There is a constructive path aheadby Sophie Gaston / September 26, 2017 / Leave a comment
In the stunned aftermath of the German elections, a contest that during the campaign had been almost universally dismissed as so dull even the Russians couldn’t be bothered hacking it, all eyes have been on the early insights from the exit polls surveying AfD voters, who have propelled the far-right party into the Bundestag for the first time.
The German exit poll tells us not just how people voted but their motivations for doing so, and the data presents an increasingly familiar picture: mainly men, concentrated in one geographical area—this time, the East—who are not particularly economically anxious, but extremely culturally sensitive to immigration.
It is now well-established that community-level concerns about immigration relate not just to the size of the migrant population but also the pace of demographic change. The concerns are both practical—such as impacts on public services—and social in nature; focus groups in these areas often reveal a sense of transformation “overnight,” in which citizens say they can feel “like a stranger in my own country.” Of course, many citizens with scarce interaction with people from different ethnic and religious backgrounds also carry anxieties about immigration, linked to a more diffuse sense of cultural dislocation.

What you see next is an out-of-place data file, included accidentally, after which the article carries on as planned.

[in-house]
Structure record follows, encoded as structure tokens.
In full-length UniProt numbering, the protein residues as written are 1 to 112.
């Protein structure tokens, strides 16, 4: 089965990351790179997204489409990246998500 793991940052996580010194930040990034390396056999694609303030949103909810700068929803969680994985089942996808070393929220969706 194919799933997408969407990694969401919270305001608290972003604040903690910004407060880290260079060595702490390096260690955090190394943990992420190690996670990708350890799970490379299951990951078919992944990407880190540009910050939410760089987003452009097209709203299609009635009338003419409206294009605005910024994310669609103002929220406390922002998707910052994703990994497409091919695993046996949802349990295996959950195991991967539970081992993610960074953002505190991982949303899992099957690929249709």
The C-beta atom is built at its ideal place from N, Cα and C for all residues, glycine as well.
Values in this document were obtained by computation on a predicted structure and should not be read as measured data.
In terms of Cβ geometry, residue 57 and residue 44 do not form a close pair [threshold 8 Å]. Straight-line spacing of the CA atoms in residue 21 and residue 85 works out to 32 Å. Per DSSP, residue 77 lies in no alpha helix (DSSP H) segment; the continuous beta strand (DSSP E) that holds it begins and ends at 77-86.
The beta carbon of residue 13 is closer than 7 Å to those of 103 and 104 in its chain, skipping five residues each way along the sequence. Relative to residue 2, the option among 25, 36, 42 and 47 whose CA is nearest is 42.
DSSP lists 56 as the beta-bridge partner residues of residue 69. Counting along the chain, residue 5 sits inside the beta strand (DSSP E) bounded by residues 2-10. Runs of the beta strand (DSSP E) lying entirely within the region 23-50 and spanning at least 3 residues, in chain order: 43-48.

In Germany, the citizens tempted by the AfD whom I have come across over the past year are, as you would expect, outraged about the migration crisis and would undoubtedly like to see a reduction in immigration numbers across the board. But their anger is not simply directly towards the newcomers themselves, many of whom they appreciate are simply making the most of opportunities they have been given.
“Around 60 per cent of AfD supporters cast their vote in rejection of ‘all other parties.’”
Rather, their grievances fall squarely at the feet of Angela Merkel and her government, whom they accuse of corrupting parliamentary processes through taking unilateral action without public consultation. Linked to this, is a visceral feeling that all public debate, and certainly dissent, around the migration crisis has been suppressed by the establishment—politicians and the media alike—in a kind of elite conspiracy to prioritise institutional power over social cohesion.
They rail against the homogeneity the government projects…